The Chinese Communist Party has used arbitrary detention to maintain power since the People’s Republic of China was founded seventy years ago.
Hong Kong has been in the news over the controversy and protests surrounding the Fugitive Offenders and Mutual Legal Assistance in Criminal Matters Legislation Bill proposed by the Hong Kong government. Our very own Alvin Cheung has been analyzing the situation across a number of platforms.
USALI Faculty Director Jerome A. Cohen and Affiliated Scholar Aaron Halegua recently published an op-ed in the Washington Post discussing the One Belt - One Road Initiative and the Chinese workers dispatched overseas to help make this building infrastructure through deepening economic ties a reality. Read an excerpt below of the article, and read the entire article here.
On May 29, 2018, the U.S.-Asia Law Institute (USALI) of NYU School of Law held a book launch for the release of their two newest publications, Questioning Police Interrogation Methods: A Comparative Study and The Evolution of Pretrial Detention Law: A Comparative Study. These two books are products of multi-year projects undertaken by USALI, featuring a variety of articles written by leading legal scholars, social scientists and law practitioners from the U.S., the UK and P.R. China about the important and evolving fields of pretrial detention and police interrogation methods.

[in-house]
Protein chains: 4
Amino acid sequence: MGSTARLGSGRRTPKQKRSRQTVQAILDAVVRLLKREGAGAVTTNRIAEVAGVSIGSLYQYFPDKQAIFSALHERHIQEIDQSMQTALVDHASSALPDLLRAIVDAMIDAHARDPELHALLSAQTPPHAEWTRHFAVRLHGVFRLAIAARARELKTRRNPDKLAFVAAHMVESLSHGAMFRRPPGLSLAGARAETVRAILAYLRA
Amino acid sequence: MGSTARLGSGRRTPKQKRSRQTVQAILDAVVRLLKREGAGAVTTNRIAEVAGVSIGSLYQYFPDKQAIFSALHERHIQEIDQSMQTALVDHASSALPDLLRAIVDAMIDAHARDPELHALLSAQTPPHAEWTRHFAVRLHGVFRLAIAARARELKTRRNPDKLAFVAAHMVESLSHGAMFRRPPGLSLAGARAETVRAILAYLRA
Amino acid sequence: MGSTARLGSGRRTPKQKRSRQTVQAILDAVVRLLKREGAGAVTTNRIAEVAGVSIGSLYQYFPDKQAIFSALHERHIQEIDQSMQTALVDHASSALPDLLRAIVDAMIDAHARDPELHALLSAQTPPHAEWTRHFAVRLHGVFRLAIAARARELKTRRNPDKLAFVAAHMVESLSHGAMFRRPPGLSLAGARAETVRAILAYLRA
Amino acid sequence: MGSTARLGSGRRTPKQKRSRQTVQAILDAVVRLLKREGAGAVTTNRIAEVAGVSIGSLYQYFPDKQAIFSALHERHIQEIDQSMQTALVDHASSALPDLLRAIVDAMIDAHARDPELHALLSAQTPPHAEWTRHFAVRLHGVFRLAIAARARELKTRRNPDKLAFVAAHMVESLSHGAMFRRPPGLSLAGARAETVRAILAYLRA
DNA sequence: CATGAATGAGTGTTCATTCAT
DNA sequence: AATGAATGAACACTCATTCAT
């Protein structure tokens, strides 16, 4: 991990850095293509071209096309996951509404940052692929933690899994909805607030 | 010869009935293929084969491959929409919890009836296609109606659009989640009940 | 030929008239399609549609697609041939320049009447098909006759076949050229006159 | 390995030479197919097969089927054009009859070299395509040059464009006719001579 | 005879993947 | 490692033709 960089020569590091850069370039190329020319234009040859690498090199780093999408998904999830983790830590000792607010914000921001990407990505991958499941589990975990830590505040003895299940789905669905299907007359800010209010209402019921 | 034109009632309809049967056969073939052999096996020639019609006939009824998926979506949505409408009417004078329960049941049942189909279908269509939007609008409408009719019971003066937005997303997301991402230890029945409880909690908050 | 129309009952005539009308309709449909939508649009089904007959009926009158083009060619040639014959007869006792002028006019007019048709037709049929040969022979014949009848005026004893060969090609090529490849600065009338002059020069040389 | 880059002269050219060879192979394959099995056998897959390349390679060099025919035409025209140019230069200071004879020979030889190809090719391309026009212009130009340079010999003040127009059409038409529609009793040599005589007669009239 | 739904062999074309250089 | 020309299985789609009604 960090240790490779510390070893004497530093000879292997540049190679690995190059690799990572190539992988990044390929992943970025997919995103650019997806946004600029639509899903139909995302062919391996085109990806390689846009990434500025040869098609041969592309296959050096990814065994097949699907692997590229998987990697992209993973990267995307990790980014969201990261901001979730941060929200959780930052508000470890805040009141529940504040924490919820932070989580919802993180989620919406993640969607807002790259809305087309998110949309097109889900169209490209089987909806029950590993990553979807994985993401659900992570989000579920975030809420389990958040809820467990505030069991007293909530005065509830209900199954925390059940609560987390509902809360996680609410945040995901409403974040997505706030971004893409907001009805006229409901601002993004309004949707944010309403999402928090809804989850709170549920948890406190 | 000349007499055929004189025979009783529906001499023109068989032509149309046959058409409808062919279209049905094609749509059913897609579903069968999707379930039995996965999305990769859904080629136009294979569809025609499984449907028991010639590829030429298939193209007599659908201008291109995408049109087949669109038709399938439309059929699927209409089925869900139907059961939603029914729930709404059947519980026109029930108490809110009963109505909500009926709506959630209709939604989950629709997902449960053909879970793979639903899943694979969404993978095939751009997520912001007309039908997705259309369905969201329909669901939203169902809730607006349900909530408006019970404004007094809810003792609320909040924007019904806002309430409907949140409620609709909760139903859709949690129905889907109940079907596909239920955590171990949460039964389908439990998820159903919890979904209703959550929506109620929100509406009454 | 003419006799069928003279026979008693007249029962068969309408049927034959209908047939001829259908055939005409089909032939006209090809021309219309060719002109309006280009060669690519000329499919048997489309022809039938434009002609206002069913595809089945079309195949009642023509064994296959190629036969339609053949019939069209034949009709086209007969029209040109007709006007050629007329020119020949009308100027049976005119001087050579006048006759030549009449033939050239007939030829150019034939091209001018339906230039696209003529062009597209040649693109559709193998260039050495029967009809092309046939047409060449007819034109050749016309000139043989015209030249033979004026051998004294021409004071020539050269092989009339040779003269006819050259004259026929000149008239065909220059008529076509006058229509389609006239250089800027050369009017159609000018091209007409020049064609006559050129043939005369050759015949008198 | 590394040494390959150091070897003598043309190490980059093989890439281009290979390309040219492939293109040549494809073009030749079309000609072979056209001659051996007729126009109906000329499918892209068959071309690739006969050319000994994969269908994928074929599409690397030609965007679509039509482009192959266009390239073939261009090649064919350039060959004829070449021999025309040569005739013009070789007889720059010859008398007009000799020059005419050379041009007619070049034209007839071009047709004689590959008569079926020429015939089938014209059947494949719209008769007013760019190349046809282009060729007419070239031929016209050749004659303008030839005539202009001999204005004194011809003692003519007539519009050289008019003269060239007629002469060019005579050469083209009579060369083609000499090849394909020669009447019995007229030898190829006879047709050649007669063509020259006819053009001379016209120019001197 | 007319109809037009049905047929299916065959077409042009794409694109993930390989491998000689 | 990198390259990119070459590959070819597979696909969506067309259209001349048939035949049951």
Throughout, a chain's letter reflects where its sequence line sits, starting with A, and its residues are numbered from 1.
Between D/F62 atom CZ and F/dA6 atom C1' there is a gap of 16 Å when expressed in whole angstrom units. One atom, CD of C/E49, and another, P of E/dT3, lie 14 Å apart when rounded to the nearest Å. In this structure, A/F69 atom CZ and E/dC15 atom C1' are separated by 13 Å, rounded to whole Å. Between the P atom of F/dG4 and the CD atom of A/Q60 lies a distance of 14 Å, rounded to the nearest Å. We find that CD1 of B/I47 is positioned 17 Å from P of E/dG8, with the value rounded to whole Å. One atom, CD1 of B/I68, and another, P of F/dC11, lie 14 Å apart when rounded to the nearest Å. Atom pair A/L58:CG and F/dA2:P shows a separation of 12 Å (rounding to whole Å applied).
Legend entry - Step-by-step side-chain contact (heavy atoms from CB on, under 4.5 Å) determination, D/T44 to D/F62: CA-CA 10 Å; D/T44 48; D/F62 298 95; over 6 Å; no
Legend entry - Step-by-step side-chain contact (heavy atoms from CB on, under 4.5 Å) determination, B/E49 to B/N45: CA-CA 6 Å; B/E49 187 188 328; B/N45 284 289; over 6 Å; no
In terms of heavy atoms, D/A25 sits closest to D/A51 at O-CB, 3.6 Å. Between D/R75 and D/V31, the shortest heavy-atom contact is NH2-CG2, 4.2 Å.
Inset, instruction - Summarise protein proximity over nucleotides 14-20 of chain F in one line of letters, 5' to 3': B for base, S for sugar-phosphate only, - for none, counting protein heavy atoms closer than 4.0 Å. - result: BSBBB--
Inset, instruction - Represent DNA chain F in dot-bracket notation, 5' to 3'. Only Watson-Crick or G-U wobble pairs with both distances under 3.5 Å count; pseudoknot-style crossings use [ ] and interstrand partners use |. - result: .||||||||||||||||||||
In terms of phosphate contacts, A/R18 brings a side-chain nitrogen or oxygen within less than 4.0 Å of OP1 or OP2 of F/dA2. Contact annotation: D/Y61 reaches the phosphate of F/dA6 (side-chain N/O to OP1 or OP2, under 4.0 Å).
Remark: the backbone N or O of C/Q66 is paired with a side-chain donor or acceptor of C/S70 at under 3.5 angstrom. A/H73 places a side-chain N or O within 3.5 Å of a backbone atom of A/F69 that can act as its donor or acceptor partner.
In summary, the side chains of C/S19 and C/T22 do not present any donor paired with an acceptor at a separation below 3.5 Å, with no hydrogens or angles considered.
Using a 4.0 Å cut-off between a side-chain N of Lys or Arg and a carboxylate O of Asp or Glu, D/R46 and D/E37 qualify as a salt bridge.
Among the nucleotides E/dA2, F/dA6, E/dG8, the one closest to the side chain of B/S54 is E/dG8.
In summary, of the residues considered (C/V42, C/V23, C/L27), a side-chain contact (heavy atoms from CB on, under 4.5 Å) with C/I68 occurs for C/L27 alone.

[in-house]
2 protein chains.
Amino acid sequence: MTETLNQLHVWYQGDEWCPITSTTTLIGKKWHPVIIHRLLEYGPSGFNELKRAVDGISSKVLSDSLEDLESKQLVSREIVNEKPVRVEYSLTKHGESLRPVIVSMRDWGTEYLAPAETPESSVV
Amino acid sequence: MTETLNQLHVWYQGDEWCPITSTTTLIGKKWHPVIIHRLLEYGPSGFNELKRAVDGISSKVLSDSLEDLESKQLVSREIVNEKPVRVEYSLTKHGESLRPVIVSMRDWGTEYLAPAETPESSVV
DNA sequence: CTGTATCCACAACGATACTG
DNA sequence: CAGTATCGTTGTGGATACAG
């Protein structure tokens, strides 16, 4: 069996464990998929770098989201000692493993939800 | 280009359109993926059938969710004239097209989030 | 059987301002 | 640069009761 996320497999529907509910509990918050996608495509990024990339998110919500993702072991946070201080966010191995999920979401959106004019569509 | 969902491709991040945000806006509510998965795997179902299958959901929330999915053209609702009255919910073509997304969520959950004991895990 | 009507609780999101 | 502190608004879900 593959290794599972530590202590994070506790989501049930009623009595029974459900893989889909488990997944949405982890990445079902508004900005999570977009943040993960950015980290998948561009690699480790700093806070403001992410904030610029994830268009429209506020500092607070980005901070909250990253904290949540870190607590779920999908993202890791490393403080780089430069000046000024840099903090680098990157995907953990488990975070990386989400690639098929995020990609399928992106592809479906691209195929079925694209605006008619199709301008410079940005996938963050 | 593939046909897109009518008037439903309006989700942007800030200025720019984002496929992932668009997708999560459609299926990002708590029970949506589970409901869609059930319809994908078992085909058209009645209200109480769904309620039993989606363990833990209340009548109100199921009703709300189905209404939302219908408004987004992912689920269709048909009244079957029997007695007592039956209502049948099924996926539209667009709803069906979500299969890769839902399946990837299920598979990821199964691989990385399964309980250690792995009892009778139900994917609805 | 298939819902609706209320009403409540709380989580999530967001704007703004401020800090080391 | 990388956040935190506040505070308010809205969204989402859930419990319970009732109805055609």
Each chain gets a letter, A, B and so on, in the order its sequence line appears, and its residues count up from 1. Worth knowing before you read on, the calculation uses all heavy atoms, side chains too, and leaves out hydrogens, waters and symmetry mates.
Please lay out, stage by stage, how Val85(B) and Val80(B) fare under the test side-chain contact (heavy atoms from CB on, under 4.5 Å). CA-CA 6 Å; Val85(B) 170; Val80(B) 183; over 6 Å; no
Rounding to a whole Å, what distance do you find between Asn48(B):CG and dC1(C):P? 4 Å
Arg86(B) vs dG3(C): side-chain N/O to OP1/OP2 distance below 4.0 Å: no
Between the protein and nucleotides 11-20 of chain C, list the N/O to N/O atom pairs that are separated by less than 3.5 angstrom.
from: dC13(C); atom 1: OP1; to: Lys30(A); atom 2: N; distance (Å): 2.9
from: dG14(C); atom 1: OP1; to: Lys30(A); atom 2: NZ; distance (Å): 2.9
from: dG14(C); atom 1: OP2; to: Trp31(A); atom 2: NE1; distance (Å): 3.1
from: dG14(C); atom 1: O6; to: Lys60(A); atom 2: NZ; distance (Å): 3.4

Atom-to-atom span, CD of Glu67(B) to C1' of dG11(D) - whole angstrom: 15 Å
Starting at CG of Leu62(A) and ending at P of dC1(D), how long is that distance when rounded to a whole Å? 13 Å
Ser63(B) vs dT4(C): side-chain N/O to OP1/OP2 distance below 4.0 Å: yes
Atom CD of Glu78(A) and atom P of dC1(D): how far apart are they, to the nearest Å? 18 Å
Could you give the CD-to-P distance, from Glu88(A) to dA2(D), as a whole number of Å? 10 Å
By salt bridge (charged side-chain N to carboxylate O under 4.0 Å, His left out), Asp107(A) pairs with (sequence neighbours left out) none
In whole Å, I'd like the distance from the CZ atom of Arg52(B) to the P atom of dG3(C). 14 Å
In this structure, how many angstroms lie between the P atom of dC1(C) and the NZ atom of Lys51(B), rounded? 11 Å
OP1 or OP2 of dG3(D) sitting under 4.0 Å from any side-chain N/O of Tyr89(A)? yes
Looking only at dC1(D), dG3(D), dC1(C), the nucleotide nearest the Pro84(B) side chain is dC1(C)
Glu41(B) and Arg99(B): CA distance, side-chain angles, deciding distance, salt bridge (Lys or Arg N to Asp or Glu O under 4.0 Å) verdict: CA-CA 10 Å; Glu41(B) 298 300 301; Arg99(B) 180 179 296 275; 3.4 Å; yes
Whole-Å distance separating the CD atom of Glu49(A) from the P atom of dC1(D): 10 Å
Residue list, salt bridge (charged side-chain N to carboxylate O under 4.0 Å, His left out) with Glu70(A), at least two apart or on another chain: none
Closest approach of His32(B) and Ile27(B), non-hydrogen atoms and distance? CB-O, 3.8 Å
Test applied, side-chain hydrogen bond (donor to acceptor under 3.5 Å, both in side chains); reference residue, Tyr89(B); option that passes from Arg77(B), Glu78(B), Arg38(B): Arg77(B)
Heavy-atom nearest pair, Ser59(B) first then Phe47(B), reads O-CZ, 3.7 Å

The Taiwan Relations Act (TRA) is a model of legal ingenuity spurred by political necessity. Jimmy Carter inherited Richard Nixon’s challenge, which was to establish diplomatic relations with the People’s Republic of China (PRC). Nixon took the first step in February 1972 with his famous trip to Beijing, where he, Henry Kissinger, and China’s leaders concluded the Shanghai Communiqué. The Communiqué gave ambiguous assurance to China about Taiwan.
At this stage the basic facts surrounding the case against former Nissan CEO Carlos Ghosn remain unclear. It is too early to decide between the two diametrically opposed narratives that have been offered to date: (1) Ghosn is a greedy autocrat who violated laws and company rules to enrich himself at the expense of the company and its stakeholders or (2) Nissan management, aided by inadequate protections for the accused under Japanese law and by the Japanese government, undertook a coup d’etat to rid Nissan of Renault’s control. We may ultimately discover that this case contains elements of both narratives.